a changing unit that determines whether or not the vehicle is making a lane change from a travel lane in which the vehicle is traveling to a next lane next to the travel lane, and changes a position of the virtual viewpoint if determining that the vehicle is making the lane change; and a surrounding detecting unit that detects an environment around the vehicle, wherein in a case where the surrounding detecting unit detects a narrower road ahead of the vehicle, the changing unit changes the position of the virtual viewpoint such that the virtual viewpoint faces a center of the narrower road straightforwardly.
According to a further aspect of the present invention there is provided a display assistance device that converts images captured by a plurality of imaging units installed on a vehicle into an overhead image of a downward view from a virtual viewpoint in air, and displays the overhead image on a displaying unit with a host vehicle icon superimposed on the overhead image, the host vehicle icon indicating a position of the vehicle, the display assistance device comprising:
a changing unit that determines whether or not the vehicle is making a lane change from a travel lane in which the vehicle is traveling to a next lane next to the travel lane, and changes a position of the virtual viewpoint if determining that the vehicle is making the lane change, wherein the changing unit changes the position of the virtual viewpoint in a case where the position of the virtual viewpoint moves out of a host vehicle lane;
the changing unit does not change the position of the virtual viewpoint when the position of the virtual viewpoint does not move out of the host vehicle lane, in a case where the vehicle is making a lane change from a travel lane in which the vehicle is traveling to a next lane next to the travel lane, the changing unit changes the position of the virtual viewpoint toward the next lane.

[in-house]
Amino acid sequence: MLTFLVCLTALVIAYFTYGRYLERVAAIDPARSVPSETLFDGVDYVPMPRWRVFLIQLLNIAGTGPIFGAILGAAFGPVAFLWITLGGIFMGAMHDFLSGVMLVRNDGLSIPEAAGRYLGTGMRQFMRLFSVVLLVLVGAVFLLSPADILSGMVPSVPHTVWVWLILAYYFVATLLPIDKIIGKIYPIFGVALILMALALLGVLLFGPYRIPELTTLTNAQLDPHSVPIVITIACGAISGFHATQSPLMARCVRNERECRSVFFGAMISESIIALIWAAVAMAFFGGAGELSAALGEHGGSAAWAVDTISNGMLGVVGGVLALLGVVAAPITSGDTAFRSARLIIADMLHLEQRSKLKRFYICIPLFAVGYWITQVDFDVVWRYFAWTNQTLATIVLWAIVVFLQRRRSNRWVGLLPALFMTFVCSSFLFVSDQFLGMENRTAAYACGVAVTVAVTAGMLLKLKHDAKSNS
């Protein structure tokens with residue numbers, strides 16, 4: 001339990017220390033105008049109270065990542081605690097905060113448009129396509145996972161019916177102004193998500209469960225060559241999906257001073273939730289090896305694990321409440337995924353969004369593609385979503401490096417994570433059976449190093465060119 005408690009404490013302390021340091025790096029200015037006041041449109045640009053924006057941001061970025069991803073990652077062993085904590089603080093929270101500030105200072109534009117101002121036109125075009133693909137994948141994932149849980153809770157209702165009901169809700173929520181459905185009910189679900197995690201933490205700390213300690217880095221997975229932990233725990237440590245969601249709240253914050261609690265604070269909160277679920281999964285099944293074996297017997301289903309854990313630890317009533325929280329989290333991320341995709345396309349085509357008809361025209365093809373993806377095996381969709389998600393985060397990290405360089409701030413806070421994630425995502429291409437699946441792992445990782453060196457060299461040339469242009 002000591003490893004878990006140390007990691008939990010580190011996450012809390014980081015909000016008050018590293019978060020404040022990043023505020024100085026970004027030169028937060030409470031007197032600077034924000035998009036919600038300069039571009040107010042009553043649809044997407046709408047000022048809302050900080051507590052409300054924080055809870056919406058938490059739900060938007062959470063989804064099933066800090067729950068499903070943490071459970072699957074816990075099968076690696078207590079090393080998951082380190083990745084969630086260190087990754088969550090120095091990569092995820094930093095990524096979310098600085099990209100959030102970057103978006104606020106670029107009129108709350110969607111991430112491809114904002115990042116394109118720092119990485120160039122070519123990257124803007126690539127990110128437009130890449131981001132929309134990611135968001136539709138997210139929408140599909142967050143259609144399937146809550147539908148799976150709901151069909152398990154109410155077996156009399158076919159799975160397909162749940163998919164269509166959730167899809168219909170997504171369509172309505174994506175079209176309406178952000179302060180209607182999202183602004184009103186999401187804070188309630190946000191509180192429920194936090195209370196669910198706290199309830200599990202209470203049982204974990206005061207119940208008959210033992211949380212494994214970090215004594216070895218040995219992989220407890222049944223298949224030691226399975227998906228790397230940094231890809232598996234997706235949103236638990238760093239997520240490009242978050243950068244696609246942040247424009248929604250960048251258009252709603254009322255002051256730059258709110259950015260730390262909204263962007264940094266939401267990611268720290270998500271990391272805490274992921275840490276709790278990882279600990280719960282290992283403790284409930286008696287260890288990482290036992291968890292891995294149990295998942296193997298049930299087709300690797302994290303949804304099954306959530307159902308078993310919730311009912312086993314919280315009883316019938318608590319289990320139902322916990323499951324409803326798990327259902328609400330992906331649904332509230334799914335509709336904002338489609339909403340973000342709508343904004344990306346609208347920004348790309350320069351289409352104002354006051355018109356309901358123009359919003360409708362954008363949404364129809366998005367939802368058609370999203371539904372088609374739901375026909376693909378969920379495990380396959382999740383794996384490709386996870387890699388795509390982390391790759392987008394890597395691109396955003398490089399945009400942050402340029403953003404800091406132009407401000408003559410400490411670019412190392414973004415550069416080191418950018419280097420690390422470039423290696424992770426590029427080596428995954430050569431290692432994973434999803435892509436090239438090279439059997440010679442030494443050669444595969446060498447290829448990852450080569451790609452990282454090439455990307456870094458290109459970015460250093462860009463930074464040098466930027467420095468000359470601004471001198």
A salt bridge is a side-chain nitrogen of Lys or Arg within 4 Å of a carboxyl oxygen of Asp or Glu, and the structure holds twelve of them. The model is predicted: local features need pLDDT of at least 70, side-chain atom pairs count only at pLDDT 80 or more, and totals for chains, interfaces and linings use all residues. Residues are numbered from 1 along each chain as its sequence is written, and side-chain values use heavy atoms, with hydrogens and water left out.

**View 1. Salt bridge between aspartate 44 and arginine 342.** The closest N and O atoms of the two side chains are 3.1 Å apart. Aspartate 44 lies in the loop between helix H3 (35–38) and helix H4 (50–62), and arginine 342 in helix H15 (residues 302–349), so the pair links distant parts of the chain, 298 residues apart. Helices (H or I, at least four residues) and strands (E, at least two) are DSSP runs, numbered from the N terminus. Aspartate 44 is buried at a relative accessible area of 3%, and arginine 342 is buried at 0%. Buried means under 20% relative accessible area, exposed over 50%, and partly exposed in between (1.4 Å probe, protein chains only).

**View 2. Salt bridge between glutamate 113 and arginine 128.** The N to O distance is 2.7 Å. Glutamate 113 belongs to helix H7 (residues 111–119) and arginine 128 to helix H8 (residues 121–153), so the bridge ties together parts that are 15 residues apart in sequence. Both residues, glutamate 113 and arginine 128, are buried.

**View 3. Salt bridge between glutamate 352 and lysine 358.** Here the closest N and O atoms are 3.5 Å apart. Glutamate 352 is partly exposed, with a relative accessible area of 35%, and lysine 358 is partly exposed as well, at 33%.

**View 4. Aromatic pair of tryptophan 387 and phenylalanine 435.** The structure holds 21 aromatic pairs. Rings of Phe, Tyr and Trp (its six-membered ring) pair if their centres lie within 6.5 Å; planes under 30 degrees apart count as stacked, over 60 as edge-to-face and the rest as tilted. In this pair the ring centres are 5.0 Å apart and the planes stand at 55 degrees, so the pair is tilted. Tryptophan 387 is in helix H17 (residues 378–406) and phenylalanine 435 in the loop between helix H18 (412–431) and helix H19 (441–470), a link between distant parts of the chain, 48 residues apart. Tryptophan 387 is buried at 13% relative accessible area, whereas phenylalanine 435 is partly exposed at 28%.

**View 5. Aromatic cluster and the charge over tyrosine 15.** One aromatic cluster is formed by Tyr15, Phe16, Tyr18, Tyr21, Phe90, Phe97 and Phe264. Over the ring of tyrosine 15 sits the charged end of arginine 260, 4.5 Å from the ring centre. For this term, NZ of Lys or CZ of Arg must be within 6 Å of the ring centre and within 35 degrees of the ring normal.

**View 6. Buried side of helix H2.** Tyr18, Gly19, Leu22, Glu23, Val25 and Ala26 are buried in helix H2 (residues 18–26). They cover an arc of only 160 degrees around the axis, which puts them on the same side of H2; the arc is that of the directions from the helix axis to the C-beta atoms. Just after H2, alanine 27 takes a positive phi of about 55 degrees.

2b According to a further aspect of the present invention there is provided a display assistance method involving converting images captured by a plurality of imaging units installed on a vehicle into an overhead image of a downward view from a virtual viewpoint in air, and displaying the overhead image on a displaying unit with a host vehicle icon superimposed on the overhead image, the host vehicle icon indicating a position of the vehicle, the display assistance method comprising:
a first step of determining whether or not the vehicle is making a lane change from a travel lane in which the vehicle is traveling to a next lane next to the travel lane; and a second step of changing a position of the virtual viewpoint if determining that the vehicle is making the lane change, wherein in the second step, the position of the virtual viewpoint is changed in a case where the position of the virtual viewpoint moves out of a host vehicle lane, wherein in the second step, the position of the virtual viewpoint is not changed in a case where the position of the virtual viewpoint does not move out of the host vehicle lane, and wherein in a case where the vehicle is making a lane change from a travel lane in which the vehicle is traveling to a next lane next to the travel lane, the position of the virtual viewpoint is changed toward the next lane.
According to a further aspect of the present invention there is provided a display assistance device that converts images captured by a plurality of imaging units installed on a vehicle into an overhead image of a downward view from a virtual viewpoint in air, and displays the overhead image on a displaying unit with a host vehicle icon superimposed on the overhead image, the host vehicle icon indicating a position of the vehicle, the display assistance device comprising: